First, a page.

« PreviousContinue »
of the day by Huger's mishaps, they were yet conspicuous. We had taken ten pieces of artillery and six thousand muskets, besides other spoils. Our total loss was more than four thousand. That of the enemy is stated in their own newspapers to have exceeded ten thousand-an estimate which is no doubt short of the truth.
On the morning of the first of June, the enemy made a weak demonstration of attack on our lines. The 9th and 14th Virginia regiments were ordered to feel for the enemy, and while thus engaged suddenly came upon a body of fifteen thousand Yankees intrenched in the woods. Under the murderous fire poured into their ranks, our troops were forced to fall back, but were rallied by the self-devoted gallantry of their officers. Col. Godwin, the dashing and intrepid commander of the 9th, received a Minnié ball in the leg, and a moment later had his hip crushed by the fall of his horse, which was shot under him. He was thirty paces in advance of his regiment when the attack was made, encouraging his men. At last, reinforcements coming up, the attack of the enemy was vigorously repulsed. This was the last demonstration of the enemy, who proceeded to strengthen those lines of intrenchments from which he had not yet been driven.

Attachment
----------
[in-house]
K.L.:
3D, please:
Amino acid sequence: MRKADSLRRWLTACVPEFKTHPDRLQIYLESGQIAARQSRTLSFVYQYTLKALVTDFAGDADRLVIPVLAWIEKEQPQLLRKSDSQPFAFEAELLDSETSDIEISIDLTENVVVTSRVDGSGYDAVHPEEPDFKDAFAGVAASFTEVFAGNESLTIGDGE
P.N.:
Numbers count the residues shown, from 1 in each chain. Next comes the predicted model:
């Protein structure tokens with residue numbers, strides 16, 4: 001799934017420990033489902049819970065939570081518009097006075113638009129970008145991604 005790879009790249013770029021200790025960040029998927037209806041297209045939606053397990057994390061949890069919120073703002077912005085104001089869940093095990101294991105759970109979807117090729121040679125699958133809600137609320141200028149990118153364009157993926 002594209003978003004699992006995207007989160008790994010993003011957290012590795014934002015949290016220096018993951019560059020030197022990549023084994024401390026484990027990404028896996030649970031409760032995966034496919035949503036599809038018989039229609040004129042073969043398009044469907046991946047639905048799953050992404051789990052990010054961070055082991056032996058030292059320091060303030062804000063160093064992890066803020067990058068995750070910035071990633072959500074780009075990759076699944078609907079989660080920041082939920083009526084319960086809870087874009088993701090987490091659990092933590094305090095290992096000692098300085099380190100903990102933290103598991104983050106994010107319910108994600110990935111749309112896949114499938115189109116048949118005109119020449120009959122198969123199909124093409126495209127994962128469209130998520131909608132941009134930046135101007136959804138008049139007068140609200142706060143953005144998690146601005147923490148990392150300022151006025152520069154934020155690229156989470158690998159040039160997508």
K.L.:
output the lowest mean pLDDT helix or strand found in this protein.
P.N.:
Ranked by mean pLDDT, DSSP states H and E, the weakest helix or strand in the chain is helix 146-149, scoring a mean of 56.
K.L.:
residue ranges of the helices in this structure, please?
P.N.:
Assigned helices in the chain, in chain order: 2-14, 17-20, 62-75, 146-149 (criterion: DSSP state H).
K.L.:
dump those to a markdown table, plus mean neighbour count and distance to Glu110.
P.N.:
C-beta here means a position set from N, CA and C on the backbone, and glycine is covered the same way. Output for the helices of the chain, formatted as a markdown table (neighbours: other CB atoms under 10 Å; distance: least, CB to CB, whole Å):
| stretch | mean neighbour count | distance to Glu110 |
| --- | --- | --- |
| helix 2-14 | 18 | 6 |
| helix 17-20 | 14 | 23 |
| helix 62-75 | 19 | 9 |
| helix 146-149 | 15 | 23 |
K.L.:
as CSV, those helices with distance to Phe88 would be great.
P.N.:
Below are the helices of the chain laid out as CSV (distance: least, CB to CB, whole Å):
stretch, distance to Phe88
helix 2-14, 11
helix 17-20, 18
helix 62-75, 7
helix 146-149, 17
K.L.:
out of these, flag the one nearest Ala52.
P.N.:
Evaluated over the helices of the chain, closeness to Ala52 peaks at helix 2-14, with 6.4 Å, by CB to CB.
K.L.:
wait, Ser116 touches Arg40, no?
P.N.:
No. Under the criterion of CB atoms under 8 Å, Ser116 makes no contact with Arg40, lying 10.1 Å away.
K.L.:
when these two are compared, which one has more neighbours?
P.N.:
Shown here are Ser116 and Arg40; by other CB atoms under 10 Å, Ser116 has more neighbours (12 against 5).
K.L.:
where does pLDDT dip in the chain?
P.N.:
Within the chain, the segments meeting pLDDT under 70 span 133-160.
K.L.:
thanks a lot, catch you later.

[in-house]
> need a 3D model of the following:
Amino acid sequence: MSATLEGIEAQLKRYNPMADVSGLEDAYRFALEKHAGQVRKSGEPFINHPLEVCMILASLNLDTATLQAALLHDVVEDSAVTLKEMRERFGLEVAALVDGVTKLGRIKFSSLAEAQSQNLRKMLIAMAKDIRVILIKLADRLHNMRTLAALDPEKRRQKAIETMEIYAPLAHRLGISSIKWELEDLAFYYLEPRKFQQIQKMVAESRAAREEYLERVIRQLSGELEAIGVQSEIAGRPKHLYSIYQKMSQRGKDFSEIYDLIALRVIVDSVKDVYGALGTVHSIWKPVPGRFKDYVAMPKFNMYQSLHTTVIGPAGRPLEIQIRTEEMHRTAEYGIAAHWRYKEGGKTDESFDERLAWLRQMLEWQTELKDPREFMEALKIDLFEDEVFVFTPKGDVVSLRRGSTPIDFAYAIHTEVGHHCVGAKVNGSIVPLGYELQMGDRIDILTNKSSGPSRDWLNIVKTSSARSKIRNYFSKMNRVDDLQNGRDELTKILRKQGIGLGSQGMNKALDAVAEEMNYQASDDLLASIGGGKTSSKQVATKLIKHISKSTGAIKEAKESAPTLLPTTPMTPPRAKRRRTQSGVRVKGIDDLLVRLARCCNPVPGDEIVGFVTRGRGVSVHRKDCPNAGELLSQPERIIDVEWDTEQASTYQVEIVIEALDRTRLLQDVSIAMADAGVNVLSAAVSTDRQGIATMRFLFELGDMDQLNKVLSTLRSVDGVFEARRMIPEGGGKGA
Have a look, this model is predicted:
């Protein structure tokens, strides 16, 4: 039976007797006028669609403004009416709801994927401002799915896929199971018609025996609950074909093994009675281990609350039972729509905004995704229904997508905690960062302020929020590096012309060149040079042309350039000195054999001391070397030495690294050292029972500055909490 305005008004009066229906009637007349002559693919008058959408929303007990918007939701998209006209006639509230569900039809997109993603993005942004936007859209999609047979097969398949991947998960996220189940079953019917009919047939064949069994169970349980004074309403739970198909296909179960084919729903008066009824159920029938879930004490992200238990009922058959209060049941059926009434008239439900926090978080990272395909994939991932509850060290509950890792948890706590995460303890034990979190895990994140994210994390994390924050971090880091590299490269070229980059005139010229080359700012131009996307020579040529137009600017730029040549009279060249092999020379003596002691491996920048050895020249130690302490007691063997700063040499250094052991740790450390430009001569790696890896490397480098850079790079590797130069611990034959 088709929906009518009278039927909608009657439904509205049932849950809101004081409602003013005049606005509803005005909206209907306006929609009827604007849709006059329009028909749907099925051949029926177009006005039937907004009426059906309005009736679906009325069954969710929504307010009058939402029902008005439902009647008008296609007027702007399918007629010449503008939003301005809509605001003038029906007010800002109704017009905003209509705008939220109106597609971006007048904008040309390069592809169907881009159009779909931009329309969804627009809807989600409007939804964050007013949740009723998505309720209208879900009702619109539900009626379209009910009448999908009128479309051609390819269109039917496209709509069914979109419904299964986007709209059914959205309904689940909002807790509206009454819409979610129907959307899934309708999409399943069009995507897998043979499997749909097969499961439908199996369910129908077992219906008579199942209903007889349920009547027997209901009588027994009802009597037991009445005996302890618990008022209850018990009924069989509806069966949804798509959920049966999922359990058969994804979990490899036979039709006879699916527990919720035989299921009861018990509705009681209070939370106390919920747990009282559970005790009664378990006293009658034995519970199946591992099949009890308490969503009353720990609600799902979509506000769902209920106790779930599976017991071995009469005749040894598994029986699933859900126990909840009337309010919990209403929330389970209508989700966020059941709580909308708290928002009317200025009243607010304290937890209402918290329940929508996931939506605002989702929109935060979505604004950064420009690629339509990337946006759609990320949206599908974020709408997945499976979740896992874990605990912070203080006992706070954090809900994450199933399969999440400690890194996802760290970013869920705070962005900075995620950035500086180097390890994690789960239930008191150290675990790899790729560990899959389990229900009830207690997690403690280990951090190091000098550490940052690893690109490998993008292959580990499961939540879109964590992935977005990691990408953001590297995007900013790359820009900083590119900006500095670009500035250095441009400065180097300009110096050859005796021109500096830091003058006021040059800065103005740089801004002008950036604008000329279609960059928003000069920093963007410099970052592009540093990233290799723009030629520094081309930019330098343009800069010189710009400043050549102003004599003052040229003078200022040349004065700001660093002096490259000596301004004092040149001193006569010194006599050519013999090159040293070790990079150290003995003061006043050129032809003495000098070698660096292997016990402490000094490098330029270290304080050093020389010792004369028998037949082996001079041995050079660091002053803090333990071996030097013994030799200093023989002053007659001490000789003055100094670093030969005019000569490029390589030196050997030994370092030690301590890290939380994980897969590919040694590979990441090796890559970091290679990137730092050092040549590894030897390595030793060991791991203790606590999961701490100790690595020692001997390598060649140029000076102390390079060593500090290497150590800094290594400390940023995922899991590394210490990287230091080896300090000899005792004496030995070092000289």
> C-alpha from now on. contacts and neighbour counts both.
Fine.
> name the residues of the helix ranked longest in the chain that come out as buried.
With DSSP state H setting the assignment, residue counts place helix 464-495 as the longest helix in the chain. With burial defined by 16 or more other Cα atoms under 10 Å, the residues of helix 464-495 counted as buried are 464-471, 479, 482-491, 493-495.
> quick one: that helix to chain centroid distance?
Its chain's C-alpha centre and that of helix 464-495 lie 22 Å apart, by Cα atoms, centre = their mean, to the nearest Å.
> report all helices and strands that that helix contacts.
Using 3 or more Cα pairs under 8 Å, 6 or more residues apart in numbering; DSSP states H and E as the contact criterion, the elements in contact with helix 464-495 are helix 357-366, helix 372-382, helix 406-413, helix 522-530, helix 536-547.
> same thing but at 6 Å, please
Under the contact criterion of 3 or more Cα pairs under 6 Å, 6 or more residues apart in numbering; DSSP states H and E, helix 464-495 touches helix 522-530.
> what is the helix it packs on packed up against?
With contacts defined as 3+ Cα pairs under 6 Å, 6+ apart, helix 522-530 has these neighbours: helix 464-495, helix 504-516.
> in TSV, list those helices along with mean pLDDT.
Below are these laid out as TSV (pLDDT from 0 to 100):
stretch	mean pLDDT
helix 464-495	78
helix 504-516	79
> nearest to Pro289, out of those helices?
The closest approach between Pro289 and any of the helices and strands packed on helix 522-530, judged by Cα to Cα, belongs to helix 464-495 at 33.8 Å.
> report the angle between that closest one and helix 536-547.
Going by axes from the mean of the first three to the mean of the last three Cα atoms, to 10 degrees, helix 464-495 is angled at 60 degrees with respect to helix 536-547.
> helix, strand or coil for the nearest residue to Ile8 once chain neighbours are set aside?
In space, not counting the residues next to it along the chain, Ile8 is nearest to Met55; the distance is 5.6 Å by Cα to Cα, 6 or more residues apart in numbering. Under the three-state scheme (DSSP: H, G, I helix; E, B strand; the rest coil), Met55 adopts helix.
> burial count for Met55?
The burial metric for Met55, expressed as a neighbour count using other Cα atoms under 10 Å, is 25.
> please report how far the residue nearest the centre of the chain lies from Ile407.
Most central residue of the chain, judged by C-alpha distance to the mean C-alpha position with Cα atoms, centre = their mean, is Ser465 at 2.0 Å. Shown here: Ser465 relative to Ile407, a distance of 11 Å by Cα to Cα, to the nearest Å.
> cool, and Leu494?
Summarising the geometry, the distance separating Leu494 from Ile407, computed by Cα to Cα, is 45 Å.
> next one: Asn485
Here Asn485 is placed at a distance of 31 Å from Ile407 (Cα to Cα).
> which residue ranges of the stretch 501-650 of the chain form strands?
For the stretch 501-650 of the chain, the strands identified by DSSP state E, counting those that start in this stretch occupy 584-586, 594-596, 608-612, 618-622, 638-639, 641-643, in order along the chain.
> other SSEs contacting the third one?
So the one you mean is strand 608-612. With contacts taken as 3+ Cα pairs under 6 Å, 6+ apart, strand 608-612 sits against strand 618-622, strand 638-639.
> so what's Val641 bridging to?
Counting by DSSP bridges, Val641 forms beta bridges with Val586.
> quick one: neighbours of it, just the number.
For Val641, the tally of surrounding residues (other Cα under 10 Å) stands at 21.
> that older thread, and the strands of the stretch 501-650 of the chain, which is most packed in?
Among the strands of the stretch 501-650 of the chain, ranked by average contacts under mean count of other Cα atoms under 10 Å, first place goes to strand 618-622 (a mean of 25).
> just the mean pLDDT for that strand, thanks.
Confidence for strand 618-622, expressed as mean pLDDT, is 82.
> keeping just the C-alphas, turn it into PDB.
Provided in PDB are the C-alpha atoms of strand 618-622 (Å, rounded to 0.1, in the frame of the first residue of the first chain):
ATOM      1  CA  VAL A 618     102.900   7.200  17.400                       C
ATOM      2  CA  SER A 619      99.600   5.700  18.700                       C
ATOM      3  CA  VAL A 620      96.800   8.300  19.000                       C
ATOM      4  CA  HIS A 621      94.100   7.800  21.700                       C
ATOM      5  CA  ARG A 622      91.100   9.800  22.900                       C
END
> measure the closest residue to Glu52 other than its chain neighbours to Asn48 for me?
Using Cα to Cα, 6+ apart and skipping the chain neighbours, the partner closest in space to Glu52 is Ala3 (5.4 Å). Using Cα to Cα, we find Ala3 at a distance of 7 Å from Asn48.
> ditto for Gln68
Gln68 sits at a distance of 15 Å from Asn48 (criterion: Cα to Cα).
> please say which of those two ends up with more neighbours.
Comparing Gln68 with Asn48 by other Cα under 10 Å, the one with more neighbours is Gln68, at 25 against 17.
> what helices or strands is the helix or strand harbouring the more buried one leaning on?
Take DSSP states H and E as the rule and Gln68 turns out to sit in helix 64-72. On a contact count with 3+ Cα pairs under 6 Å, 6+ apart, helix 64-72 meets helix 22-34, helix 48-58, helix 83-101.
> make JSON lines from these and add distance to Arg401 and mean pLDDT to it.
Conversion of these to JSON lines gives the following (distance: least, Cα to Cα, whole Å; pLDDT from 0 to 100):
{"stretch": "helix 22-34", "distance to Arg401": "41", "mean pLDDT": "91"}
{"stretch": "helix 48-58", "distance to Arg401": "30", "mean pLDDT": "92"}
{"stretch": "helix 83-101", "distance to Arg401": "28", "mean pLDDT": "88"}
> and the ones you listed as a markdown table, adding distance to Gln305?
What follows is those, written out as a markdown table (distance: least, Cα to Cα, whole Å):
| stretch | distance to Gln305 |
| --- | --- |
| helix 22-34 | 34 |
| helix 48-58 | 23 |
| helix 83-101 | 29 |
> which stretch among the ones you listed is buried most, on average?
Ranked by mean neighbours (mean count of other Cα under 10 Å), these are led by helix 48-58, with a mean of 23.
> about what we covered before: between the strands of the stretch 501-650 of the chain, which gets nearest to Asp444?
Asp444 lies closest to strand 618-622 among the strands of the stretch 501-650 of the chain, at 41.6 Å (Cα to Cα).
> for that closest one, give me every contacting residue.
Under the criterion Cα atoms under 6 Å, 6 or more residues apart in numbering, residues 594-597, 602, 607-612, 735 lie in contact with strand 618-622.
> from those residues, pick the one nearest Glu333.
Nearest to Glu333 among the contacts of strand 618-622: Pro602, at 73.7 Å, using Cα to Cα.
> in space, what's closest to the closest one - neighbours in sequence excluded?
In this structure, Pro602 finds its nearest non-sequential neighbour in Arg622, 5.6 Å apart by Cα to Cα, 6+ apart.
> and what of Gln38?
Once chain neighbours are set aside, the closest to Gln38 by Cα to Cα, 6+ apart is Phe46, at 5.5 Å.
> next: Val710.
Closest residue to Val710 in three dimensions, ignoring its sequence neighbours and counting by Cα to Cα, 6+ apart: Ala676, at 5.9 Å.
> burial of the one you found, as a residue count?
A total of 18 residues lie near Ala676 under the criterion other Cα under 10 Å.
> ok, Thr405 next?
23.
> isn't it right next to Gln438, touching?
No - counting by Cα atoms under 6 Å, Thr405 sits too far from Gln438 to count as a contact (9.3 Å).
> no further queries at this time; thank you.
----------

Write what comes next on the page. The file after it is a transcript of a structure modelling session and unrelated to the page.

THE BATTLES OF THE CHICKAHOMINY.
Upon taking command of the Confederate army in the field, after Gen. Johnston had been wounded in the battle of Seven Pines, Gen. Lee did not hesitate to adopt the spirit of that commander, which had already been displayed in attacking the enemy, and which indicated the determination on his part that the operations before Richmond should not degenerate into a siege.
The course of the Chickahominy around Richmond affords an idea of the enemy's position at the commencement of the action. This stream meanders through the Tide-water district of Virginia-its course approaching that of the arc of a circle in the neighborhood of Richmond-until it reaches the lower end of Charles City county, where it abruptly turns to the south and empties into the James. A portion of the enemy's forces had crossed to the south side of the Chickahominy, and